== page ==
Focus on healthy fats, such as nuts and nut butters, fatty fish, and olive oil when preparing snacks and meals.
What Are the Best Ways to Balance Blood Sugar?
Many health experts now believe a highly refined, processed food diet can cause blood sugar fluctuations. Everyone knows regulating blood sugar is important for people with or at risk for diabetes, but it may also increase the risk of heart disease, stroke, hypertension, and cancer. To balance blood sugar naturally, make smart nutrition and lifestyle choices that support normal metabolism function.
Think in three
If you do indulge from time to time, how you eat these foods still matters. Anything that slows the absorption of sugar from the digestive tract into the blood stream helps. The slower your body absorbs sugar, the less likely you are to experience unhealthy blood sugar highs and lows.
These three things slow sugar absorption in the body:
- Protein. For a healthy, balanced snack, add a handful of dried soy nuts or seeds, some high-protein Greek yogurt, a hard-boiled egg, or some nut butter to fruit or dried fruit.
- Fat. Focus on healthy fats, such as nuts and nut butters, fatty fish, and olive oil when preparing snacks and meals.
- Fiber. Eat whole, unprocessed, fiber-rich foods as your first choice, such as an apple or an orange instead of fruit juice, steel cut or plain oatmeal instead of cereal, and lentils and beans instead of crackers or chips.
When tempted by a treat now and then, ask yourself: “Can I imagine life without __________?” If a food doesn’t fit into this question for you, pass it up.
To minimize the effects of the occasional indulgence, try enjoying your treat foods with healthier fare. For example, having dessert after a balanced dinner won’t impact blood sugar levels nearly as much as having a soda and a bag of chips on an empty stomach for an afternoon snack.
Address underlying issues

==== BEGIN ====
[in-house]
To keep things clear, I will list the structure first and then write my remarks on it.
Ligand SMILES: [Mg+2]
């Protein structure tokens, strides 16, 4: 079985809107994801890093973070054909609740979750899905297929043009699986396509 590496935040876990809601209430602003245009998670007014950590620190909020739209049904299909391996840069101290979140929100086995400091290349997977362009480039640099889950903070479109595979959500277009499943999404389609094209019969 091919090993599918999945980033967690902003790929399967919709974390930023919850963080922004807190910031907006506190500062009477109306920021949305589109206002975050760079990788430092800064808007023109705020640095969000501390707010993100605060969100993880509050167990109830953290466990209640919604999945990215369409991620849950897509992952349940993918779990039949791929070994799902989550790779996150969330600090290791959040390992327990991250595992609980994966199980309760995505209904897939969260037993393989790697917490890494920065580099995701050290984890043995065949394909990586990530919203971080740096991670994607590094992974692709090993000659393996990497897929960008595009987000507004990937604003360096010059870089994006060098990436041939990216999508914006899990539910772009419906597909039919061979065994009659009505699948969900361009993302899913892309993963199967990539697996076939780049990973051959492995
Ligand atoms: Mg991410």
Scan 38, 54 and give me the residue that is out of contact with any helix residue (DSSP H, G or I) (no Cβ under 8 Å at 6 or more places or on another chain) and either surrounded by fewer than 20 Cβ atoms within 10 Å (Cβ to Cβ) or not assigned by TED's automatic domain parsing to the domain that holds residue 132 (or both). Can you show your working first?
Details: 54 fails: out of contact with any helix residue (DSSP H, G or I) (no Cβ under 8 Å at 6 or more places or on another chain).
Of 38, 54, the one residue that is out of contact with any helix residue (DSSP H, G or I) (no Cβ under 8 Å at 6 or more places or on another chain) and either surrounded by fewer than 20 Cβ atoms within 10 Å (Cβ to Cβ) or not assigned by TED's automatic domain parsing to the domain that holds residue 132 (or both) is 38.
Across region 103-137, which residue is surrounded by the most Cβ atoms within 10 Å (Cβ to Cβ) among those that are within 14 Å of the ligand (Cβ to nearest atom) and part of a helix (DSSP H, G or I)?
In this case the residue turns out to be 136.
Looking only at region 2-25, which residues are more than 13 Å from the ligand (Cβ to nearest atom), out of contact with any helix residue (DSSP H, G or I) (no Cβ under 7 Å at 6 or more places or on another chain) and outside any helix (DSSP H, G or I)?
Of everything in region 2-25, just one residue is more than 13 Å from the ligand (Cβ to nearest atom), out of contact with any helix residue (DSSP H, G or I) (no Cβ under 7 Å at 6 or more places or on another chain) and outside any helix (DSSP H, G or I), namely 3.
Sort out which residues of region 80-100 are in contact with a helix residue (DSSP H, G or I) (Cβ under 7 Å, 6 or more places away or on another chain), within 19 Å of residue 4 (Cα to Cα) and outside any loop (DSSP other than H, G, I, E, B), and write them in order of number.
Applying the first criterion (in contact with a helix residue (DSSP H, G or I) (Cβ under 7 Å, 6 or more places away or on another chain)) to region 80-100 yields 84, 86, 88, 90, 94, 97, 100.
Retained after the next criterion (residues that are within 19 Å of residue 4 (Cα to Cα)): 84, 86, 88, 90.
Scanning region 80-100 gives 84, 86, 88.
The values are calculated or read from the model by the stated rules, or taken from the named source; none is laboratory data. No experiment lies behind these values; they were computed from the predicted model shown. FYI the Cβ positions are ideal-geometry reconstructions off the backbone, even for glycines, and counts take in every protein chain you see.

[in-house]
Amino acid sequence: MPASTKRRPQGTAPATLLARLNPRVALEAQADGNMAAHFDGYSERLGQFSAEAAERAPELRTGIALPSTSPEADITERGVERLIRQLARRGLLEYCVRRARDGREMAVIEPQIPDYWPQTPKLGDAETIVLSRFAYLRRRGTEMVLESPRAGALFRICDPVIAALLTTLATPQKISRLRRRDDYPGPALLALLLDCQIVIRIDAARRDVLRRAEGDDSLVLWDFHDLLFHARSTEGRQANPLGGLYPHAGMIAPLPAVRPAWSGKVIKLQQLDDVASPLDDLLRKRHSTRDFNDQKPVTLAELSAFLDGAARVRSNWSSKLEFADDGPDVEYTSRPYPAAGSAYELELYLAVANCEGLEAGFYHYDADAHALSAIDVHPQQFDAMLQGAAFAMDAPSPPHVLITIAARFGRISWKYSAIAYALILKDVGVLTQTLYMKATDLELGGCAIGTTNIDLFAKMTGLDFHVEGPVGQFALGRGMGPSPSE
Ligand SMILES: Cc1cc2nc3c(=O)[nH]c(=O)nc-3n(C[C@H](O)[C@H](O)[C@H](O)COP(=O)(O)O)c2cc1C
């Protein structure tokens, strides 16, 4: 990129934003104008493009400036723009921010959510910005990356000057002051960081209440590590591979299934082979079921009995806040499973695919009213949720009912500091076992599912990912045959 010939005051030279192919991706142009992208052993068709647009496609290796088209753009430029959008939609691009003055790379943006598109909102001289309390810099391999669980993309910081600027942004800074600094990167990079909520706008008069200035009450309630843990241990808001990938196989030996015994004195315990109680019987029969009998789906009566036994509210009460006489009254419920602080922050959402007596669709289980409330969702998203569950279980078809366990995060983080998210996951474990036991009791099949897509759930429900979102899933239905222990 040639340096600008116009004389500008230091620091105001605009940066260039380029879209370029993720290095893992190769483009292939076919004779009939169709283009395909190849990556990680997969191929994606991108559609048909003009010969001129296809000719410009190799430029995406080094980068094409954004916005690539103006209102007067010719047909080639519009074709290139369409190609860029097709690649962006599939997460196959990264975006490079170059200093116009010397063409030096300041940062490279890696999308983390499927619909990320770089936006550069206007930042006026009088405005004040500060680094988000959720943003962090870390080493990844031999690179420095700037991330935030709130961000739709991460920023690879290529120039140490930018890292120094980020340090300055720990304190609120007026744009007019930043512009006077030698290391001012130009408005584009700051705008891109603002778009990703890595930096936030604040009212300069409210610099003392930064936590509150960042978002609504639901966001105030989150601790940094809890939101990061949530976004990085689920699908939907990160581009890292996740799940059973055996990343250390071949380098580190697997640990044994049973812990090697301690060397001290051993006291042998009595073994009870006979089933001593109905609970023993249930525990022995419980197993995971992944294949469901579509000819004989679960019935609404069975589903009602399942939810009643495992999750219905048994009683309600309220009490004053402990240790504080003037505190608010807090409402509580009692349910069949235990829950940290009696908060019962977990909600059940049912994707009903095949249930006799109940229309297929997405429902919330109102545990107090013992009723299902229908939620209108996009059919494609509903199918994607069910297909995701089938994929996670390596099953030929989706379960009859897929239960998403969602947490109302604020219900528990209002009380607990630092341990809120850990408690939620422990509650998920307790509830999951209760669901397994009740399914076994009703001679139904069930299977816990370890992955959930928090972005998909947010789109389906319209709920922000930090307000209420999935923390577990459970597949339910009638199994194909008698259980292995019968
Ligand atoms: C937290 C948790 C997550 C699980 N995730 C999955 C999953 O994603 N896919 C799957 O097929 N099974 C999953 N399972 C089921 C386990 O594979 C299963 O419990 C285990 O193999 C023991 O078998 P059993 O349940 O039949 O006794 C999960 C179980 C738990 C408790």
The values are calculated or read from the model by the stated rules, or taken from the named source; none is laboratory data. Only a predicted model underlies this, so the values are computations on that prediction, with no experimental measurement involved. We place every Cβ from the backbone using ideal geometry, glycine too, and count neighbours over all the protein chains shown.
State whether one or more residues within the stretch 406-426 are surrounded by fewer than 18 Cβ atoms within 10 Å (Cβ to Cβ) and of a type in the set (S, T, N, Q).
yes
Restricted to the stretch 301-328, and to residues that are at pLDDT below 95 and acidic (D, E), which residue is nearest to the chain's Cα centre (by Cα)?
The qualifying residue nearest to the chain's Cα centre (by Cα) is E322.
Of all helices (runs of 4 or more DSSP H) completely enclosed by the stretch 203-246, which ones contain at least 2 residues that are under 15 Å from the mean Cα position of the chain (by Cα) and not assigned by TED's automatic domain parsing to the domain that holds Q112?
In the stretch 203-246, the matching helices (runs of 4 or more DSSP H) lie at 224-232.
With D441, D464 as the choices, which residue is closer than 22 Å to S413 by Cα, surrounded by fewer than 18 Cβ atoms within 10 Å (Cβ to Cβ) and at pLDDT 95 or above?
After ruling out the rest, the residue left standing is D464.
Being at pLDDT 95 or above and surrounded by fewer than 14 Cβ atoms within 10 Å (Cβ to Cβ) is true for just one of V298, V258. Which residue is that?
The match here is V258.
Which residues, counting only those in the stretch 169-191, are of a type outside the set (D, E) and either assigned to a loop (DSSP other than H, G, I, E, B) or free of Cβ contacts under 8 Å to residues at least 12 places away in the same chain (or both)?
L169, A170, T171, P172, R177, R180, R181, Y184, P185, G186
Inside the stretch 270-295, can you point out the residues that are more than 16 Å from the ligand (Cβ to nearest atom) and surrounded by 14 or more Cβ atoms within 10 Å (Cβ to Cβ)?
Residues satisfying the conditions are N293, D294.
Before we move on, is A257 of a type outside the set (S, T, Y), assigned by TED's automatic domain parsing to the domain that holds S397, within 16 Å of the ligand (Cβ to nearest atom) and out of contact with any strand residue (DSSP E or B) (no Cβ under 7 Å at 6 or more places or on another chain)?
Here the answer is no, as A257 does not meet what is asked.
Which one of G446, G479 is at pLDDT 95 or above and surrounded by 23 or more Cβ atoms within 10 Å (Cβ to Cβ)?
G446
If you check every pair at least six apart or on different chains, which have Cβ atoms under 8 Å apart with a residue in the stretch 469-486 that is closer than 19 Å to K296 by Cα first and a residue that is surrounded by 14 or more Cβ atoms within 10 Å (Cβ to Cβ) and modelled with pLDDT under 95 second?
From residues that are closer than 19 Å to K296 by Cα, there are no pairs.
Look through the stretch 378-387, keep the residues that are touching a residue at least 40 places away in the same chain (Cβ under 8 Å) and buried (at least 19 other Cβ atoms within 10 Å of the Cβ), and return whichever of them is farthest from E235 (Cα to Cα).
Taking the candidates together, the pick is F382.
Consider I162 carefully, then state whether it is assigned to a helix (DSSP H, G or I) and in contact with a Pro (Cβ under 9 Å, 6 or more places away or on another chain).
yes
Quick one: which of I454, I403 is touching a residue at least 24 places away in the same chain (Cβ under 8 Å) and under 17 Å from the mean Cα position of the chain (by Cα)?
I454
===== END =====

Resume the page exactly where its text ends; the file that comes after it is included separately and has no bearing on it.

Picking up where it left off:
If you struggle with mindless snacking or emotional eating, consider seeking the help of a dietitian or therapist. If weight management is a priority, a dietitian or supportive community program can help you develop a sensible eating plan. These strategies are proven to increase the odds of nutritional success (and loss of excess weight).
Make movement a priority
Engaging your muscles is one of the best ways to keep blood sugar in a healthy range. The large muscle groups of the body—think legs, back, and abdominals—use blood sugar for energy. The more you engage them, the more energy they use, which helps keep blood sugar levels stable.
If you aren’t already active, simply walking for 10 to 15 minutes, two to three times a day will improve blood sugar levels. Sitting at the computer for hours on end is the worse thing you can do for blood sugar, so even if you can’t fit in exercise that day, set a reminder to stand up, stretch, and move around every half-hour.
Suzanne Dixon, MPH, MS, RD, an author, speaker and internationally recognized expert in chronic disease prevention, epidemiology and nutrition, has taught medical, nursing, public health and alternative medicine coursework. She has delivered over 150 invited lectures to health professionals and consumers and is the creator of a nutrition website acclaimed by The New York Times and Time magazine. Suzanne received her training in epidemiology and nutrition at the University of Michigan, School of Public Health at Ann Arbor.
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